“He’s hot and sweet, but a little dense.”

Density. Solubility. Temperature. And how being sweeter also means being more dense.

density - higher temperatures dissolve more, making the solution more dense1-Minute NomNom

The hotter it gets, the sweeter it can be. That is simply what happens when we dissolve sugar in hot water, for example when we make some sugar syrup or a cup of tea. When we dissolve more sugar in water, it also makes the solution denser.

The difference in density between sugar solutions with different amounts of sucrose dissolved is not always apparent to us but it is clearly so in the video above.  Here, we see how sugar solutions of different densities can stack on top of each other. That is pretty amazing!

Why does this happen?

density increases with temperature as more dissolvesTo begin with, sucrose (i.e. table sugar) is very soluble in water. This is partly because of water’s fairly open molecular structure that accommodates the sugar particles. It is also because of the mutual attraction between the positively charged areas and negatively charged areas on both the sucrose and water molecules; this is strong enough to pull sucrose molecules away from each other (read all about the science in the 1-Minute NomNom “Sucrose yet so far“).

Water's molecular structure, hydrogen bonding, and sucrose molecules - find out more in the 1-Minute NomNom mentioned above

Water’s molecular structure, hydrogen bonding, and sucrose molecules – find out more in the 1-Minute NomNom mentioned above

We can increase the amount of sucrose dissolved by heating the water. Heat has two effects.

Turning up the temperature on water molecules increases their thermal energy and motion. As a result, they have energy to move further apart from each other. This make the gaps between them bigger (i.e. the open structure is more “open”) and makes it possible to accommodate even more sugar.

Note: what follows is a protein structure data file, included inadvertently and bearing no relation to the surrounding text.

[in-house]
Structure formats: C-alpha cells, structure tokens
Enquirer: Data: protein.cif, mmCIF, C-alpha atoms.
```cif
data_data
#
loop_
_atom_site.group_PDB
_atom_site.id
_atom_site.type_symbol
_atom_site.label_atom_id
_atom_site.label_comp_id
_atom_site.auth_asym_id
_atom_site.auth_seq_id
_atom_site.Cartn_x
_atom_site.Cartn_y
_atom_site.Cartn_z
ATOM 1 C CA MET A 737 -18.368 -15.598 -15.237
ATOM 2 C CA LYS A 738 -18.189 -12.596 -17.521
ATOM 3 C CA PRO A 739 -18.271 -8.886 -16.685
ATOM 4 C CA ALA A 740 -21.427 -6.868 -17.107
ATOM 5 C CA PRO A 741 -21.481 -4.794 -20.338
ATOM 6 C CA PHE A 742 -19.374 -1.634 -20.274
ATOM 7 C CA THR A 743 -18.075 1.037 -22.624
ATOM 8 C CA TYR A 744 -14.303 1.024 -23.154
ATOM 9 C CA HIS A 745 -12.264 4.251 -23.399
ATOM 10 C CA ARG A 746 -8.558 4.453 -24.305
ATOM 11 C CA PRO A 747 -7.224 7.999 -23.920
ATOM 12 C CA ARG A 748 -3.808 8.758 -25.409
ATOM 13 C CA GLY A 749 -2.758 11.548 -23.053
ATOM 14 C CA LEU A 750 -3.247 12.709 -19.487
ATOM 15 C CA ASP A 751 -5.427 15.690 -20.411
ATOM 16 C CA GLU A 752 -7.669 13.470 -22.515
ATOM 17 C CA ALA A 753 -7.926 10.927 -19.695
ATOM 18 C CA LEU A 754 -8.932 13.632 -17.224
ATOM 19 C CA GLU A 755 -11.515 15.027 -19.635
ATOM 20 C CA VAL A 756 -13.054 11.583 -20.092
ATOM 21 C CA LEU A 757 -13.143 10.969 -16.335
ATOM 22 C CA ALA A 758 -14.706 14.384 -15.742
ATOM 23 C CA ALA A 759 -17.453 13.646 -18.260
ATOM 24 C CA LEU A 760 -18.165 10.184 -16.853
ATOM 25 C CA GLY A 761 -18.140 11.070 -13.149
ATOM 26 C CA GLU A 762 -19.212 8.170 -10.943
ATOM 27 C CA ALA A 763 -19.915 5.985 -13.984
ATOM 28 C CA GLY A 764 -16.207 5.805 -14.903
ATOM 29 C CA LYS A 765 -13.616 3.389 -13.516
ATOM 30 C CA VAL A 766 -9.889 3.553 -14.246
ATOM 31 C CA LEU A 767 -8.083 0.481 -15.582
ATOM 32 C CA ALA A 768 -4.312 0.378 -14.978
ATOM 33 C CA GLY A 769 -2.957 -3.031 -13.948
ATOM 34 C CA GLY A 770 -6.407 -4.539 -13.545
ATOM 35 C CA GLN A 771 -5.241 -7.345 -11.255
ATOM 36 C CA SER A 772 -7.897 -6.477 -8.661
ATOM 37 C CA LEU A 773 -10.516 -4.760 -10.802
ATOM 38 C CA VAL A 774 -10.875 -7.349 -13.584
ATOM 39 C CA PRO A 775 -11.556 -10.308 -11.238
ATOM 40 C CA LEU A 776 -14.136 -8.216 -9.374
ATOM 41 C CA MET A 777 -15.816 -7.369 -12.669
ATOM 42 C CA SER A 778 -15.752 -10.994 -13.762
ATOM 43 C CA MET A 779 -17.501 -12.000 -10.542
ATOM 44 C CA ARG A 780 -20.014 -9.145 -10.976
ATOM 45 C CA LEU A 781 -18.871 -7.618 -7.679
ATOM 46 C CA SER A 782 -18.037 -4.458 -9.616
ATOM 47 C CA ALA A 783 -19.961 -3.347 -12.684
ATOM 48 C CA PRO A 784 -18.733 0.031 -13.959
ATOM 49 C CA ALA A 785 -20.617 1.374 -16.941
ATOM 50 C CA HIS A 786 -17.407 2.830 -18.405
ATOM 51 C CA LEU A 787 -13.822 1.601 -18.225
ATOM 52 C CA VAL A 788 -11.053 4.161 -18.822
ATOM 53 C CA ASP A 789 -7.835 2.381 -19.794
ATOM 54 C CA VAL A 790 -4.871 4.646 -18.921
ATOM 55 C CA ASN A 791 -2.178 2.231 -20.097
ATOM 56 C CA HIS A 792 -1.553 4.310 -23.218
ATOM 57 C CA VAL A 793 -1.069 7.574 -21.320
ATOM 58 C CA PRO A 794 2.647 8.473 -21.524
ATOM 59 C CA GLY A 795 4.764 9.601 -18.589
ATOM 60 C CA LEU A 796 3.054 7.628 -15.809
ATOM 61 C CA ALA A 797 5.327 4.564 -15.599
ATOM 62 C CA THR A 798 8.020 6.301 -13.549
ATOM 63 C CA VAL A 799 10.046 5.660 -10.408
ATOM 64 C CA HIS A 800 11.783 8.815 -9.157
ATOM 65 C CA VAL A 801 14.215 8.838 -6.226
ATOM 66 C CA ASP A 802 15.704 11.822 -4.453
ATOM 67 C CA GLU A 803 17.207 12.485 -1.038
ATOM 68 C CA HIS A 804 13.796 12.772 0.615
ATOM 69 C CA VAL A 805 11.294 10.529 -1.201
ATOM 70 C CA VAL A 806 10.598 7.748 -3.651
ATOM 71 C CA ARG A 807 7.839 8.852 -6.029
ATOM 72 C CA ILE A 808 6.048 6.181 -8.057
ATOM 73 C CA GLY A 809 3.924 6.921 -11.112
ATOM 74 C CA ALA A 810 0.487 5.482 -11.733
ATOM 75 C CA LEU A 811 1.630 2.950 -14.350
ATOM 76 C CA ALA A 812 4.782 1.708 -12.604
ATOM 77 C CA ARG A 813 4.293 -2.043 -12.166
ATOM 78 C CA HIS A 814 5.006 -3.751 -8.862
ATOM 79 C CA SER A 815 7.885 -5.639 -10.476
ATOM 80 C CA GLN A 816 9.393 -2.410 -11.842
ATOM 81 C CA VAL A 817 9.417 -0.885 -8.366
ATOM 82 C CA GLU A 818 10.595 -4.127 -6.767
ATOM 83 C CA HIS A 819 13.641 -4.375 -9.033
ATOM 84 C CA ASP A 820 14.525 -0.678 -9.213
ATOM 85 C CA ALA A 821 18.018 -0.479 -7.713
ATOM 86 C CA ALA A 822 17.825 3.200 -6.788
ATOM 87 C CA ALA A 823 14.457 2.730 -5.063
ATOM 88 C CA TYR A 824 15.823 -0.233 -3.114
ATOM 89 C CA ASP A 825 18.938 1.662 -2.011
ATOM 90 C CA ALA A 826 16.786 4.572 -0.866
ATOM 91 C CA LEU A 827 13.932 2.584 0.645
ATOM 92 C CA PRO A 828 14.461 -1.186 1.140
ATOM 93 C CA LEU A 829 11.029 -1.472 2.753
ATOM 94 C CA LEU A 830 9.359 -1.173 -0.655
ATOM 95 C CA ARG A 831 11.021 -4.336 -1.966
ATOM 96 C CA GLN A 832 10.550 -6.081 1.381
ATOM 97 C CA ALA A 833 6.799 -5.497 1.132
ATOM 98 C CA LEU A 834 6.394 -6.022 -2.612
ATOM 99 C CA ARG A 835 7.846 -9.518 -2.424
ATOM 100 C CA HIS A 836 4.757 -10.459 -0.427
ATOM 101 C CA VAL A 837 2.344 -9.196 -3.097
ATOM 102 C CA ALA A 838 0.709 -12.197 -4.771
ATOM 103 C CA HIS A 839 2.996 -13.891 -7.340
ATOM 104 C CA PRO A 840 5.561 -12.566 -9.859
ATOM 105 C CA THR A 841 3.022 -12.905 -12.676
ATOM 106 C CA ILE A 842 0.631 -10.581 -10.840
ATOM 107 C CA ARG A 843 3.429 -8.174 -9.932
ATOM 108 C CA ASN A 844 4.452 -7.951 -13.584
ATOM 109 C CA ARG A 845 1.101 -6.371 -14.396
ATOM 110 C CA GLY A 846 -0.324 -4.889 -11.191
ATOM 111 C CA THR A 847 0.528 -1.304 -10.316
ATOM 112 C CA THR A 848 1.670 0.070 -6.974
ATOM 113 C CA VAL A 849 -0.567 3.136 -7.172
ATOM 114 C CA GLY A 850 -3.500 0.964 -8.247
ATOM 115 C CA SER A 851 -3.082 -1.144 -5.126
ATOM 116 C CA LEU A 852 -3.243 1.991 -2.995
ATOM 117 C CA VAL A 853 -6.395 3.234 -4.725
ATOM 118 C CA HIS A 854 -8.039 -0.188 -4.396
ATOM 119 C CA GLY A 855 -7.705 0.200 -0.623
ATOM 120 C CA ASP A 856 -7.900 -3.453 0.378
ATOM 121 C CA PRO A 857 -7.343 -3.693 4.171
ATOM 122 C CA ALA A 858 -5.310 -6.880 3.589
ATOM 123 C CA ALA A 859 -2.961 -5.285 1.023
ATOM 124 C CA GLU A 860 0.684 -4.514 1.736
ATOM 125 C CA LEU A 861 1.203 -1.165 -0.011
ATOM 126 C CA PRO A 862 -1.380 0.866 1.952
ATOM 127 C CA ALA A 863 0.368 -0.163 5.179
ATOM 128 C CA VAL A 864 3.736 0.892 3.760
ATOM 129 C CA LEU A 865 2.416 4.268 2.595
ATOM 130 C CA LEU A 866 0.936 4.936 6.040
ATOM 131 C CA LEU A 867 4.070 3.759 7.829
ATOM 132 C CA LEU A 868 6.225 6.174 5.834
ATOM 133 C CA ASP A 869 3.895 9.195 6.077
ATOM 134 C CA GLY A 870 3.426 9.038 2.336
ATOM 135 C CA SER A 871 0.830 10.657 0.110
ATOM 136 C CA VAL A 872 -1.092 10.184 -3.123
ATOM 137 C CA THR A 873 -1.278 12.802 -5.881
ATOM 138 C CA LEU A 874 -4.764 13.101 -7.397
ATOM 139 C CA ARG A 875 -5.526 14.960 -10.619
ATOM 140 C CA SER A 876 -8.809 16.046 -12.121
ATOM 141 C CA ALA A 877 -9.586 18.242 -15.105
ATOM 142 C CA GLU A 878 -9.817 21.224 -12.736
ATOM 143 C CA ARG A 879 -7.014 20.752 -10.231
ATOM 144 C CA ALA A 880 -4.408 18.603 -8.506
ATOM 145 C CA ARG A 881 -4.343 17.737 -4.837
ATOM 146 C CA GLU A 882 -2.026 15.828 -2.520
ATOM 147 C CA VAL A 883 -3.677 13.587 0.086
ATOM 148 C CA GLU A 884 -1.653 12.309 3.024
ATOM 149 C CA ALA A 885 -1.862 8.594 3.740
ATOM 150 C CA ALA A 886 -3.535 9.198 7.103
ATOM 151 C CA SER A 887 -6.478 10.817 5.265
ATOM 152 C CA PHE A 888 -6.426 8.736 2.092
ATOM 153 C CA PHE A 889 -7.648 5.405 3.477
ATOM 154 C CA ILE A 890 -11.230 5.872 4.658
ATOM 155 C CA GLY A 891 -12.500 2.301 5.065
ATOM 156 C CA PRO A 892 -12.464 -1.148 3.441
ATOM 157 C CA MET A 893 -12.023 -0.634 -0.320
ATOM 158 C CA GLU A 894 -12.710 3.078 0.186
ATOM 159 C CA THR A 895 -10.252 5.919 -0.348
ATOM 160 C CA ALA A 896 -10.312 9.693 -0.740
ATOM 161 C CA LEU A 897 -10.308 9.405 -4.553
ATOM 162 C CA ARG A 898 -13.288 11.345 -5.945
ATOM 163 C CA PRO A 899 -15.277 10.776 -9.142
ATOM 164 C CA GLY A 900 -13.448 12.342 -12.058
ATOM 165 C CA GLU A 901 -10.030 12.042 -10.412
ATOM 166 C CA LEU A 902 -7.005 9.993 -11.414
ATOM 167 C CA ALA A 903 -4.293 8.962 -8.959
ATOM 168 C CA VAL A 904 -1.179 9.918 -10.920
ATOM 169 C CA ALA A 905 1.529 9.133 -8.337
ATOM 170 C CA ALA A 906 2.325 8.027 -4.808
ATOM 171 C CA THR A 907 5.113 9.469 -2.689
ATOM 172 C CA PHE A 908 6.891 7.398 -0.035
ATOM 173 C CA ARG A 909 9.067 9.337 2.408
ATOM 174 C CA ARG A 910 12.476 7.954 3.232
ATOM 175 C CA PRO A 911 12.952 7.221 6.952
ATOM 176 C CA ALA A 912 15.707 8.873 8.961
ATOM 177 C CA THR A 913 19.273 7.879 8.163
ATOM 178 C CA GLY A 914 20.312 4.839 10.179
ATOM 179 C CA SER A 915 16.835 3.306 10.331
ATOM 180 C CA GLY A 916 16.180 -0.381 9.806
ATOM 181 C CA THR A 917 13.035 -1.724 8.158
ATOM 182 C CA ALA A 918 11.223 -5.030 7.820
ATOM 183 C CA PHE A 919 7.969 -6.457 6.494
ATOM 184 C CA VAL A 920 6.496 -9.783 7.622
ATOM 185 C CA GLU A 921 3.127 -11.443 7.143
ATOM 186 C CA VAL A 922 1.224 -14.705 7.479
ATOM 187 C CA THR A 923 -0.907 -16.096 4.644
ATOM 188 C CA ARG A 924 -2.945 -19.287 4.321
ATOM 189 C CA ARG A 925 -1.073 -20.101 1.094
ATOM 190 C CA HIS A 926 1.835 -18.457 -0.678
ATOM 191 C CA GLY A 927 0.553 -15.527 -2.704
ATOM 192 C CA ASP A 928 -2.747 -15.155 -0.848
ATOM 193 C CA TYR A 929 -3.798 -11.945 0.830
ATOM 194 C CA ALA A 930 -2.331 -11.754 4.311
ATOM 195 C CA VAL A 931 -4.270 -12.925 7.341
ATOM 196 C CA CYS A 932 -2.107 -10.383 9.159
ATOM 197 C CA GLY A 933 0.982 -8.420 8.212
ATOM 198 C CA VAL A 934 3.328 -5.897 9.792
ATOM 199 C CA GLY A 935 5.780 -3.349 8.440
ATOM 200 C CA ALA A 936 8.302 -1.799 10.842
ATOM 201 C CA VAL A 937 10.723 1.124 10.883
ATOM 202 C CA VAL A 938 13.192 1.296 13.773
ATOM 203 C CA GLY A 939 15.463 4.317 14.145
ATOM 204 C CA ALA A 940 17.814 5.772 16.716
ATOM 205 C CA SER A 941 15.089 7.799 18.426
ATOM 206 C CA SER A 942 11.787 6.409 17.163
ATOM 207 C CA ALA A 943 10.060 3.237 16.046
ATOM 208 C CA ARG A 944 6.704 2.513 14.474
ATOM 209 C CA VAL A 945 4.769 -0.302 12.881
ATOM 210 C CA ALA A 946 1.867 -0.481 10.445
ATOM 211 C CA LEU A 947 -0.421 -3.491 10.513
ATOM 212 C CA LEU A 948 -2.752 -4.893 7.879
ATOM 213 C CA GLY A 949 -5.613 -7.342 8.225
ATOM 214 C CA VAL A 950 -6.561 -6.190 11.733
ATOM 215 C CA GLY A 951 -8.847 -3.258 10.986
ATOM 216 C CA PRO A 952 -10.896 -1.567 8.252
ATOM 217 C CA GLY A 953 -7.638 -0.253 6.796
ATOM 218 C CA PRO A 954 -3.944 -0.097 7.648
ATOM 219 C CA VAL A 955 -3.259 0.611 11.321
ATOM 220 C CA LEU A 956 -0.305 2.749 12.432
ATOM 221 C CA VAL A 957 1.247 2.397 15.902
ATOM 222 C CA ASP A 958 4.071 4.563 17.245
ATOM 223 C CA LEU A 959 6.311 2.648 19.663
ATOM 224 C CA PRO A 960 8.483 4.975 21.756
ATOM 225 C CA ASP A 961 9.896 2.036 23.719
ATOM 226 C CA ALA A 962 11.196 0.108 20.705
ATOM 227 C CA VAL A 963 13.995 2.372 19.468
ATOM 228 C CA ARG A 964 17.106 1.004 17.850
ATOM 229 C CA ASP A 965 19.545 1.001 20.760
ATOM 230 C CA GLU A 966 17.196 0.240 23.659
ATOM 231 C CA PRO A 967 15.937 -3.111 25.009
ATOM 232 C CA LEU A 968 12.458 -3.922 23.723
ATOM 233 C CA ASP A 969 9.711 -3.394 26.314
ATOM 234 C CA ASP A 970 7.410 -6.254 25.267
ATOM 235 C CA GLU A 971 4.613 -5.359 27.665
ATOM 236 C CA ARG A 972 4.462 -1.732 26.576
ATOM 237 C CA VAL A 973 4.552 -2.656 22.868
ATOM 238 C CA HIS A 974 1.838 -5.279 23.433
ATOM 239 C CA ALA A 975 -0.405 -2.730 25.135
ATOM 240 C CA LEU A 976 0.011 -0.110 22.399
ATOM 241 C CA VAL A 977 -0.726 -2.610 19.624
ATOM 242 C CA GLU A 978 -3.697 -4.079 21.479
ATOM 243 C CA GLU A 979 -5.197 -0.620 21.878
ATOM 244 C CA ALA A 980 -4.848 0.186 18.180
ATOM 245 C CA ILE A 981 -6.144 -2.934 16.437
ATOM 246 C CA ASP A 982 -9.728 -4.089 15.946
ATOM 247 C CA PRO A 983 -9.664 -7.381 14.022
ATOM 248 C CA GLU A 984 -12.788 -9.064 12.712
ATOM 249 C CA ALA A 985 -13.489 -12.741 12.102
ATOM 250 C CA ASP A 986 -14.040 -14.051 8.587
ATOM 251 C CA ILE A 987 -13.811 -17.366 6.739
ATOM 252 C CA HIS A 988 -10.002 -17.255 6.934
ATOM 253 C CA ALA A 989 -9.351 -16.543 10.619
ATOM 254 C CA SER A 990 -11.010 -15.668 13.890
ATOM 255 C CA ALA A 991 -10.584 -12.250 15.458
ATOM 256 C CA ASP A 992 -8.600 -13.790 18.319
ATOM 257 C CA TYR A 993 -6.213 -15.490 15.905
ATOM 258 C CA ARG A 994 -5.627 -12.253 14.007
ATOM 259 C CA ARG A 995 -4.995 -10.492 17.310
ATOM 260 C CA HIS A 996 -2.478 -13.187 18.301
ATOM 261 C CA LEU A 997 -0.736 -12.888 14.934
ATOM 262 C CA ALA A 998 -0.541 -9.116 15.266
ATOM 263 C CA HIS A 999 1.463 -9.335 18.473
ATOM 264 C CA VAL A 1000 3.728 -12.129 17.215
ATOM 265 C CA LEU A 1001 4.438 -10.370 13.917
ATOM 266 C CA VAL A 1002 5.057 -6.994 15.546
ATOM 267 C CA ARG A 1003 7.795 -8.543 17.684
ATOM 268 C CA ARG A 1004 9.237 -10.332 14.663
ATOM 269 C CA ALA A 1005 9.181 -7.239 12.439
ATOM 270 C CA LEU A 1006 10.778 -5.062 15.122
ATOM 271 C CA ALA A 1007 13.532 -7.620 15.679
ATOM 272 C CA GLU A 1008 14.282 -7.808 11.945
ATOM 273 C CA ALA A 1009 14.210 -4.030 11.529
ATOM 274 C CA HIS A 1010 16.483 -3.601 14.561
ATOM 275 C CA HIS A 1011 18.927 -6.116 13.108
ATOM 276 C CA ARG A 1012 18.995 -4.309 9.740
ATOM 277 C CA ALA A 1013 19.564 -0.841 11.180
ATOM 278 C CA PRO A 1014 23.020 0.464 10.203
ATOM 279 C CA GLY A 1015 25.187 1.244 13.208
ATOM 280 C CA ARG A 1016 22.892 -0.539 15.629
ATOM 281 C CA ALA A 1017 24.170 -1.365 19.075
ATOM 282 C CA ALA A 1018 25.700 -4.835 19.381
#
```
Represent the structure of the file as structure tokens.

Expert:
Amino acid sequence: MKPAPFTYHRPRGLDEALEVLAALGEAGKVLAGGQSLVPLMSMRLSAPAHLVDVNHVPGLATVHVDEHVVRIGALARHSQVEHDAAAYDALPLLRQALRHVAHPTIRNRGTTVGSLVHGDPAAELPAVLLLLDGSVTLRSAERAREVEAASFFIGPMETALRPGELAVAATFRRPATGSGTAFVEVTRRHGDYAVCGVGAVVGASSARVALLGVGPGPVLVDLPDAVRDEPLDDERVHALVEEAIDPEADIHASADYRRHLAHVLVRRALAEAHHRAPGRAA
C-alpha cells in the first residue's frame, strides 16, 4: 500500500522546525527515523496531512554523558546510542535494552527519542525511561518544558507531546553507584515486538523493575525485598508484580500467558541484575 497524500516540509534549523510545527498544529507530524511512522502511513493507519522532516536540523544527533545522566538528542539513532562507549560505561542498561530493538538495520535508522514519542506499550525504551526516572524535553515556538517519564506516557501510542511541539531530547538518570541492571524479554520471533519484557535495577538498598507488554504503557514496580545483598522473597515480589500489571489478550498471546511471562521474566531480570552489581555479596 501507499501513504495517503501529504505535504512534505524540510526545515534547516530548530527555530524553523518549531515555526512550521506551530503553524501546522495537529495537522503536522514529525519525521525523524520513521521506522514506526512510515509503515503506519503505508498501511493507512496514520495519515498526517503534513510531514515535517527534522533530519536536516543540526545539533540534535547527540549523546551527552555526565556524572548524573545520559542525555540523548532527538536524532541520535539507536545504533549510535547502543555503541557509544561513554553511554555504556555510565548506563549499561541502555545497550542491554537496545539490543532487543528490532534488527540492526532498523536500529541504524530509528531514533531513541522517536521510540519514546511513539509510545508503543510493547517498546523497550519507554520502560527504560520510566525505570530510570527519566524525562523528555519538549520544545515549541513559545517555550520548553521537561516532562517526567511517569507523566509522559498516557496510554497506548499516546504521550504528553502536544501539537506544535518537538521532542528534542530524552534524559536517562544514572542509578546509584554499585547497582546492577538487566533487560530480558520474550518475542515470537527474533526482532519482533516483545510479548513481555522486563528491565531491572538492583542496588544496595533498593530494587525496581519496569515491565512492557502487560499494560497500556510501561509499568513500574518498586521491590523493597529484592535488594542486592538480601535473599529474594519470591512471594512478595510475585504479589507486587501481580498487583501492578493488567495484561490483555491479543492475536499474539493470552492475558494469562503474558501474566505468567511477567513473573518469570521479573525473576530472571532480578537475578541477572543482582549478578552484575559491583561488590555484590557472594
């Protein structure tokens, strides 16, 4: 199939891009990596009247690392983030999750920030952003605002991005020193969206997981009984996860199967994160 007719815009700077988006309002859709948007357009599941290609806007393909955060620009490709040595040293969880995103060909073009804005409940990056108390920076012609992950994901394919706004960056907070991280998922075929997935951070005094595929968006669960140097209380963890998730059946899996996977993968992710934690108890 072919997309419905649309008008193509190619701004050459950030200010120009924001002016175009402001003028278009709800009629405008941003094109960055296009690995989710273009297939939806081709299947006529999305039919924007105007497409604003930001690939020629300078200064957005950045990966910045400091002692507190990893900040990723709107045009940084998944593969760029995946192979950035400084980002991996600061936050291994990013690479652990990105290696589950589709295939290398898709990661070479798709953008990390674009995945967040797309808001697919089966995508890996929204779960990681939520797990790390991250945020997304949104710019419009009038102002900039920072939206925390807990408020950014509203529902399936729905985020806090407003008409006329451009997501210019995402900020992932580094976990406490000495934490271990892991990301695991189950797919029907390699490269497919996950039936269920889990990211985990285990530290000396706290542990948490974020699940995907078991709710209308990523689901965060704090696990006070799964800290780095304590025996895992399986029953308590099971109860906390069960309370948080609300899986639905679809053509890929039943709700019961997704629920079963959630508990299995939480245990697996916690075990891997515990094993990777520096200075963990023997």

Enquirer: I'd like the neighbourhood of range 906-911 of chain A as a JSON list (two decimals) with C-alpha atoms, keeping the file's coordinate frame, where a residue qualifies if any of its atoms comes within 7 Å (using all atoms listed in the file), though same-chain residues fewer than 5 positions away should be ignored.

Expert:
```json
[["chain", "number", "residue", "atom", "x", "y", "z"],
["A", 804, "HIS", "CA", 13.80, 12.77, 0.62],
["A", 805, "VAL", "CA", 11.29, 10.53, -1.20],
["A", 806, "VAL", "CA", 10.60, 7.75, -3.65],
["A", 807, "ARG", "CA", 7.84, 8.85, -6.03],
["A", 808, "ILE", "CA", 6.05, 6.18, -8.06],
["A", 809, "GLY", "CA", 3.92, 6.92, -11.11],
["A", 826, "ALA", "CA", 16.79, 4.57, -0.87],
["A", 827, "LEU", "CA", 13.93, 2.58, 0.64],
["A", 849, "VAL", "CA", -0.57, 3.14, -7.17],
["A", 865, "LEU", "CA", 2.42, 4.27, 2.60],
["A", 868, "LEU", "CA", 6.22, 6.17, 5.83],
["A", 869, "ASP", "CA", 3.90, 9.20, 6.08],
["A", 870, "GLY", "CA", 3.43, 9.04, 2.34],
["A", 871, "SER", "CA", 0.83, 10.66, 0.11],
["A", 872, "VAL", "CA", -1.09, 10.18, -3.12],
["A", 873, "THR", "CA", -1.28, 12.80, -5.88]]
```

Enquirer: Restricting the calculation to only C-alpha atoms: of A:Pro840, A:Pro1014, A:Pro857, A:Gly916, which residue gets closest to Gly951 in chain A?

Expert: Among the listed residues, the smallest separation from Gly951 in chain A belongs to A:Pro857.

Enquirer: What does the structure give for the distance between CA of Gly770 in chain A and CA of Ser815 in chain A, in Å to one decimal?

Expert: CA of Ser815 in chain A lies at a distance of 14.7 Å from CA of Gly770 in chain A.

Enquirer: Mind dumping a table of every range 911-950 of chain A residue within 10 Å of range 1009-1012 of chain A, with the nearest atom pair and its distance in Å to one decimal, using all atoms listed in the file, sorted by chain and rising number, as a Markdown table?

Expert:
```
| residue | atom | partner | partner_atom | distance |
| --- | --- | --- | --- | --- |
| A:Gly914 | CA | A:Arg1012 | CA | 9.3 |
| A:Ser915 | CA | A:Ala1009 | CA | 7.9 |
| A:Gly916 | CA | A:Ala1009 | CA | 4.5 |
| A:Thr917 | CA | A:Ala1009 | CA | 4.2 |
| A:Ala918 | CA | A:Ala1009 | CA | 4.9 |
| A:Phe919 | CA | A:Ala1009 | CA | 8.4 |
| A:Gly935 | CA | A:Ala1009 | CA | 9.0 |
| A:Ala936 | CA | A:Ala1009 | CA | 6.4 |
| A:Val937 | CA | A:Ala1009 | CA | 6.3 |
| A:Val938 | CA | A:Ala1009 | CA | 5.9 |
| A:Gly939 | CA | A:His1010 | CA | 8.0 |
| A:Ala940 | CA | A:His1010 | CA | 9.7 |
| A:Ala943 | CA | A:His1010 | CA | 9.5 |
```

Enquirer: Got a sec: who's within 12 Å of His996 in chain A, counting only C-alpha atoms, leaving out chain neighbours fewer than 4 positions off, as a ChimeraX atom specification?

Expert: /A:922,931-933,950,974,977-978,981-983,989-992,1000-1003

density and temperatureAt the same time, turning up the heat on sucrose molecules makes them vibrate more vigorously. Together with the higher thermal energy of the water molecules, this increases the mutual attraction between the sucrose and water molecules because…

“… [w]hen faster-moving water molecules attach to sucrose molecules, a higher proportion of these sucrose-water interactions have enough energy to pull sucrose molecules away from other sucrose molecules, so the rate of dissolving increases.” (Source: American Chemical Society)

To give a sense of how big a difference it can be, at 0°C, about 180 grams of sucrose can dissolve in 100 ml of water. At 20°C, it is close to 200 grams. At 100°C, it more than doubles to 490 grams.

hot water, coffee, and tea dissolves more sugar i.e. they are more dense

The more sugar that is dissolved in the water, the denser the sugar solution will be. Density is simply mass divided by volume. When we add more sucrose, we are adding more mass. But the volume does not change by the same amount because the sucrose molecules “fill in” the spaces between the water molecules.

When we are drinking our tea or coffee (or making sugar syrup), and we are adding more and more sugar, we may not see and feel it (other than the sweeter taste), but there is definitely an increase in mass and density!


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